Western blotting. Emx1 protein was quantified from the neocortex of perinatal (P0) wild-type (n = 4) and Emx1IRES crehomozygous (n = 3) pups. Protein (15 μg) was transferred and incubated with an anti-Emx1 antibody and normalized to anti-NeuN (Molecular Probes, Eugene, OR) using the Odyssey detection reagents and software (Li-Cor Biosciences, Lincoln, NE).
Histochemistry and immunohistochemistry. Procedures for 5-bromo-4-chloro-3-indoyl-β-d-galactopyranoside (X-gal) staining and immunocytochemistry were as described previously (Vigers et al., 2000). Primary antibody sources were as follows: anti-β-Gal (a gift from C. Yee and T. Finger, University of Colorado Health Sciences Center), anti-β-Gal (ICN Pharmaceuticals, Auroria, OH), anti-calretinin, anti-calbindin, and anti-ChAT (Chemicon, Temecula, CA), anti-GABA, anti-neurofilament, and anti-parvalbumin (Sigma, St Louis, MO), anti-NeuN (Molecular Probes), anti-Rip and anti-RC2 (Developmental Studies Hybridoma Bank), and anti-S100 (Dako, Glostrup, Denmark). Alexa 488 goat anti-mouse IgG antibody and Alexa 546 goat anti-rabbit IgG antibody (Molecular Probes) were used for detection. Sections were coverslipped with Fluoromount (Fisher Scientific, Pittsburgh, PA), and images were captured using an Axioplan deconvolution microscope (Zeiss, Germany) with an attached Hamamatsu C4742–95 digital camera (Hamamatsu, Bridgewater, NJ) running Openlab software (Improvision, Coventry, UK).
Insertion of an IREScre into the Emx1 3′-UTR
Homologous recombination was used to insert an IREScregene into the exon encoding the 3′ untranslated region of the mouse Emx1 gene, thereby generating bicistronic messenger RNAs encoding both the Emx1 and Cre proteins (Fig.1 A,B). Homozygous Emx1IRES cremice and transheterozygous Emx1IRES cre/Emx1nullmice did not exhibit any of the abnormal phenotypes reported for Emx1null/Emx1nullmice (Qiu et al., 1996; Yoshida et al., 1997) (n = 3; data not shown). There was no apparent reduction of Emx1 protein in the neocortex of Emx1IRES cre/Emx1IRES creneonates compared with wild type (Fig. 1 C). Thus, by both genetic and biochemical criteria, insertion of IREScre did not interfere with the function of the Emx1 gene.
Emx1IREScre-mediated recombination in specific telencephalic domains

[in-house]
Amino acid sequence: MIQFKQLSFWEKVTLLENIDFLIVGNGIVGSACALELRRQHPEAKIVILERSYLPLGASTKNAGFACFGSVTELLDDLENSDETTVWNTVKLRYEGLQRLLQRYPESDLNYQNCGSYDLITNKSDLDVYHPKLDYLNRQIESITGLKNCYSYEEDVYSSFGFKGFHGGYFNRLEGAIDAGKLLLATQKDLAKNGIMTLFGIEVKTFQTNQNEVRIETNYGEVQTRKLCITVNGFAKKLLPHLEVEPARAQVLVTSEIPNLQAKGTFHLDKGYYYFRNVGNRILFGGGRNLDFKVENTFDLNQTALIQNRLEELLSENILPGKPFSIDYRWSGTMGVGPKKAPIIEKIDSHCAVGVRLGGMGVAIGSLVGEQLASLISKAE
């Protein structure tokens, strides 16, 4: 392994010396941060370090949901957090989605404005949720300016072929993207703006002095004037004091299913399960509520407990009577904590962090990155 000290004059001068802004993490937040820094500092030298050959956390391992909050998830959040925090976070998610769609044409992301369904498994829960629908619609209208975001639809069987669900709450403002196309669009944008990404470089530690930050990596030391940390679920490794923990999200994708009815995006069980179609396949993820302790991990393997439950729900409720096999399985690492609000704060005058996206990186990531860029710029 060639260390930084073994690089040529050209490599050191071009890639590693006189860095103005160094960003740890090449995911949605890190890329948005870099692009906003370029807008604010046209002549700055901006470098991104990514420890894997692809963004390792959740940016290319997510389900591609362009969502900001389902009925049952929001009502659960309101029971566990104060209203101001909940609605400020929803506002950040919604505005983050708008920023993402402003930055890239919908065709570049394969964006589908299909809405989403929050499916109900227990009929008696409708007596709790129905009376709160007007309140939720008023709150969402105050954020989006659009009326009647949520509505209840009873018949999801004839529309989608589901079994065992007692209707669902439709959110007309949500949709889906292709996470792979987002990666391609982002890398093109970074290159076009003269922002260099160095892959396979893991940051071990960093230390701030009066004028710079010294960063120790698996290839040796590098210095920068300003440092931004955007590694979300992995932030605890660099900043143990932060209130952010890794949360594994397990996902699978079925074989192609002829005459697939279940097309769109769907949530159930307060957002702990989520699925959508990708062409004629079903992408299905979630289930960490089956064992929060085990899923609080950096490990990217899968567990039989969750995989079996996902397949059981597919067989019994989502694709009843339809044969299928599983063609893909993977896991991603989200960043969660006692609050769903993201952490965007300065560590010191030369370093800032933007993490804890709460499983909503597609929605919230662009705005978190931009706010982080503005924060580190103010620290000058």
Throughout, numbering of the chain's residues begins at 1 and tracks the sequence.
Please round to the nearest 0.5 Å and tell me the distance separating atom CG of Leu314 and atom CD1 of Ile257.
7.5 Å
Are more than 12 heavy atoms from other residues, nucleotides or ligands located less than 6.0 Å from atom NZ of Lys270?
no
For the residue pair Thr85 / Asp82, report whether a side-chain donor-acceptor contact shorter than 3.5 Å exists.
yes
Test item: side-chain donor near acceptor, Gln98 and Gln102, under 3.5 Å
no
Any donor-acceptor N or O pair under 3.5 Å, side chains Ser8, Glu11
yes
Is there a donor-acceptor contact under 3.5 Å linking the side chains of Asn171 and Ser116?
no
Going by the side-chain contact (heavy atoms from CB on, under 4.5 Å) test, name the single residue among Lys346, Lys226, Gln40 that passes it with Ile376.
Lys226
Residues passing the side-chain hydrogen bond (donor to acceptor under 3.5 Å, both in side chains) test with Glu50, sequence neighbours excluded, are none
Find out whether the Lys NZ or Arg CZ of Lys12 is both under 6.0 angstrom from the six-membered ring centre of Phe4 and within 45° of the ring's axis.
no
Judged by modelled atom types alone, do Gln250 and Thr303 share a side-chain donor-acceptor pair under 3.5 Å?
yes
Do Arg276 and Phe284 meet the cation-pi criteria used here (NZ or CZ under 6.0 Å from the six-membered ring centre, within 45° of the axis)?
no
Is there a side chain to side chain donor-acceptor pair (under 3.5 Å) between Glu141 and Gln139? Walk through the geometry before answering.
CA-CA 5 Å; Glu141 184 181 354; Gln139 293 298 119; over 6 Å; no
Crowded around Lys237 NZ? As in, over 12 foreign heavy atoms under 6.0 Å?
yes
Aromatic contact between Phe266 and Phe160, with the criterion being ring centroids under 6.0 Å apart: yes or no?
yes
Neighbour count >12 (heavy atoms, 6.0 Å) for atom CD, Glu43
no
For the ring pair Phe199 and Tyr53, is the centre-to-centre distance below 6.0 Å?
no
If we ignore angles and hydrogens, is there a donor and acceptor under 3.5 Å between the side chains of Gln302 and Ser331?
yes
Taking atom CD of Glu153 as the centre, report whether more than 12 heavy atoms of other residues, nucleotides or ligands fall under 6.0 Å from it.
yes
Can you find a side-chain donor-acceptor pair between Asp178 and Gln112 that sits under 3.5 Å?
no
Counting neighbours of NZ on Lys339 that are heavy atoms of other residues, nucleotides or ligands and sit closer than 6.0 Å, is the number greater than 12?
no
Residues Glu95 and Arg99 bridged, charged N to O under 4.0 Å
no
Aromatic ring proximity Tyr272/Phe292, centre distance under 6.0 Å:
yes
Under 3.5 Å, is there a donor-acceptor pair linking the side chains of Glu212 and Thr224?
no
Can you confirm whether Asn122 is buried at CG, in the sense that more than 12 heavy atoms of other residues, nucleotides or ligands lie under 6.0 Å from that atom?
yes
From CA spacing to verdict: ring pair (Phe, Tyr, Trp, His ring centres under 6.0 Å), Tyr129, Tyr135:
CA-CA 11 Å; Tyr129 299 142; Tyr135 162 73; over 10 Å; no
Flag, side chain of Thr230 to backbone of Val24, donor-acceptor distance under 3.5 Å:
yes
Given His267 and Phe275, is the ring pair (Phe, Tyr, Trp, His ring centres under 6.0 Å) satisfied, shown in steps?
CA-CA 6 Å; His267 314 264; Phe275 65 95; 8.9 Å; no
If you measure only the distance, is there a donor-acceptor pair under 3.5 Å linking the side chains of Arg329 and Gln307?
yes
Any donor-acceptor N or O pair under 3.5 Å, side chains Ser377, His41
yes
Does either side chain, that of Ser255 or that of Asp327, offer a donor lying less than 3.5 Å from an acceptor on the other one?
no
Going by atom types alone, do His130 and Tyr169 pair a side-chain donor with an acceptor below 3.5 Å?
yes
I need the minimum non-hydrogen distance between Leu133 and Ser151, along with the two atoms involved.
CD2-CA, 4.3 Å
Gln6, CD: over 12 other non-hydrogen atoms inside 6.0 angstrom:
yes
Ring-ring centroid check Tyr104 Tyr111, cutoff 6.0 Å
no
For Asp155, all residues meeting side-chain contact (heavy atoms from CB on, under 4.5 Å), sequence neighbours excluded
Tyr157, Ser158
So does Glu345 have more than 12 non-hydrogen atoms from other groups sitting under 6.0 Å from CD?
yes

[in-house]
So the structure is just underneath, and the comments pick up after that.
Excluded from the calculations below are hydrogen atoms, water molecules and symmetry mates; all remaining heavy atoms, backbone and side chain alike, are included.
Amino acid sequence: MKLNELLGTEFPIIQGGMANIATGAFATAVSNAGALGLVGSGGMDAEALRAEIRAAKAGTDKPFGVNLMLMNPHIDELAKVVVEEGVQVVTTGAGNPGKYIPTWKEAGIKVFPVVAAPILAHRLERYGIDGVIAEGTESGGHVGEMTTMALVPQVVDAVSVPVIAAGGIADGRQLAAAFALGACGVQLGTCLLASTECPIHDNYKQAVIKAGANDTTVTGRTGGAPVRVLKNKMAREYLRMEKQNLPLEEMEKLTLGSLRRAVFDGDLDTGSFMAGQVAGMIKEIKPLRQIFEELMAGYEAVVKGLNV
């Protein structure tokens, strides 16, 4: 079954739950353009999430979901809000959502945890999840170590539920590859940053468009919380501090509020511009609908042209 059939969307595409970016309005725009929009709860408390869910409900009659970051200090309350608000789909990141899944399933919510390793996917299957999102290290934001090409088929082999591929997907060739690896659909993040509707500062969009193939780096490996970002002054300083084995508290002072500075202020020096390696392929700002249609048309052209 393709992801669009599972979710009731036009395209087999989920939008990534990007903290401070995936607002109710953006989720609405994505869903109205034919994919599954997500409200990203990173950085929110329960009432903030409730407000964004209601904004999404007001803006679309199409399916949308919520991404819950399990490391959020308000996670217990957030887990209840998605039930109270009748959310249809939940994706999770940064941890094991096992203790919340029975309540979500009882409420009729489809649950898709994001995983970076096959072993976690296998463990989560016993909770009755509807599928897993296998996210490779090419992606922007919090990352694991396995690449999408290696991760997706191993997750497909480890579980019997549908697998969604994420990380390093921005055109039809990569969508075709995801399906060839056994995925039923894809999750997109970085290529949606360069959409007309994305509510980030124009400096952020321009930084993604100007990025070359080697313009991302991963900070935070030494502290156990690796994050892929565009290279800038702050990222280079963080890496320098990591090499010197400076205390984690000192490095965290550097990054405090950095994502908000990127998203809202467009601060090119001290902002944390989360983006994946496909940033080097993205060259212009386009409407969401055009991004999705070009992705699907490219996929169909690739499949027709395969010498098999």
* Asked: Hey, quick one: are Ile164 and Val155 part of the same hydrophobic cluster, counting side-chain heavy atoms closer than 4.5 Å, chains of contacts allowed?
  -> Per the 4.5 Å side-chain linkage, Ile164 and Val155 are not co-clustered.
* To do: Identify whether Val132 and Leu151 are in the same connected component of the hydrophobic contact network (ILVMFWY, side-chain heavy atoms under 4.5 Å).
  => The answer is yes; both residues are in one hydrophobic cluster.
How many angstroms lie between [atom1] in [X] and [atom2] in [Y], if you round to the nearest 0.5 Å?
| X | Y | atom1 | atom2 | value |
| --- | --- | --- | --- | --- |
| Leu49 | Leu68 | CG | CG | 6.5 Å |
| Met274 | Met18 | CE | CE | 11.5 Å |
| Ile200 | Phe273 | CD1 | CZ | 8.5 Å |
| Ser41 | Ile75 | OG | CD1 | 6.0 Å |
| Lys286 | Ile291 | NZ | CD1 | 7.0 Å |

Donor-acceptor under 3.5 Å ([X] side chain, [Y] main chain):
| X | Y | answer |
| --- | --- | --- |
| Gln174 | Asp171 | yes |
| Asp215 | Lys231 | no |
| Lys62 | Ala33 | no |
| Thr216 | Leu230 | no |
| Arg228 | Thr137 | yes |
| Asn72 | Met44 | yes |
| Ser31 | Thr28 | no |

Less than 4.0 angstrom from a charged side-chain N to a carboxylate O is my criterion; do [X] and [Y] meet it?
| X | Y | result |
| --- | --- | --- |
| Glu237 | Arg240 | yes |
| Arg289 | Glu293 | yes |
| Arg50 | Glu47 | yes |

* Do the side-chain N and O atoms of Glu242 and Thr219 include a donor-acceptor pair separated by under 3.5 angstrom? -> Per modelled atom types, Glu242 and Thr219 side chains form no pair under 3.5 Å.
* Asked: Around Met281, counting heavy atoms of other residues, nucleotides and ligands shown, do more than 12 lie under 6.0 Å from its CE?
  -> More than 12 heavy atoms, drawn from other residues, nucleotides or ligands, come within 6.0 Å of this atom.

To characterize Cre recombinase expression, we mated Emx1IRES cremice to the R26R strain (Soriano, 1999). In the R26R strain, Cre-mediated recombination enables expression oflacZ-encoded β-Gal. X-gal staining of embryonic day (E) 10.5 Emx1IRES cre;R26R embryos revealed recombination in the dorsal telencephalon, maxillary branch of the first branchial arch, cranial ganglia VII/VIII and IX/X, and limb ectoderm (Fig. 1 D,E). These results are consistent with reported sites of Emx1 expression (Simeone et al., 1992a,b).
At E12.5 nearly every cell of the proliferative and postmitotic zones in the medial, dorsal, and lateral pallia had undergone recombination (Fig. 1 F). Dorsomedially, recombination included the fimbria (cortical hem) and part of the choroid plexus (Fig.1 G). In the ventral pallium, scattered periventricular cells expressed β-Gal along with cells that extended radially into the mantle and seemed to accumulate subpially (Fig.1 H,I). In the subpallium, scattered groups of radially oriented recombined cells were apparent in the lateral and medial ganglionic eminences (LGEs, MGEs), with variable numbers in different embryos analyzed (data not shown). Extensive recombination was found in a layer of subpial cells in the mantle of the LGE and MGE. Thus, recombination in E12.5 Emx1IRES cre;R26R embryos was detected not only in all areas of the forebrain reported previously to express Emx1 mRNA, but also in the ventral pallium and in a small subset of LGE and MGE cells.
In the adult, reproducible (n = 4) and extensive recombination was seen in the cortical and ependymal layers of the derivatives of the lateral pallium (piriform cortex) (Fig.2 B–E), dorsal pallium (medial limbic allocortex and neocortex), and medial pallium (hippocampal structures) (Fig.2 E,F). In contrast, only a subset of cells underwent recombination in putative ventral pallial structures (ventral endopiriform nucleus and parts of the amygdala) (Fig. 2 B–F).
In the rostral telencephalon, recombination was present in the olfactory bulb, orbital cortex, anterior olfactory nuclei, indusium griseum, and tenia tecta (Fig.2 A,B). The olfactory bulb had extensive recombination in the mitral cell layer and partial recombination in the granular, internal plexiform, and periglomerular layers. In the septum, the septohippocampal, septofimbrial, and intermediate lateral septal nuclei contained the highest proportion of recombined cells, whereas the main lateral septal nuclei (dorsal and ventral parts) had a lower density, and the medial septal area was negative (Fig. 2 C).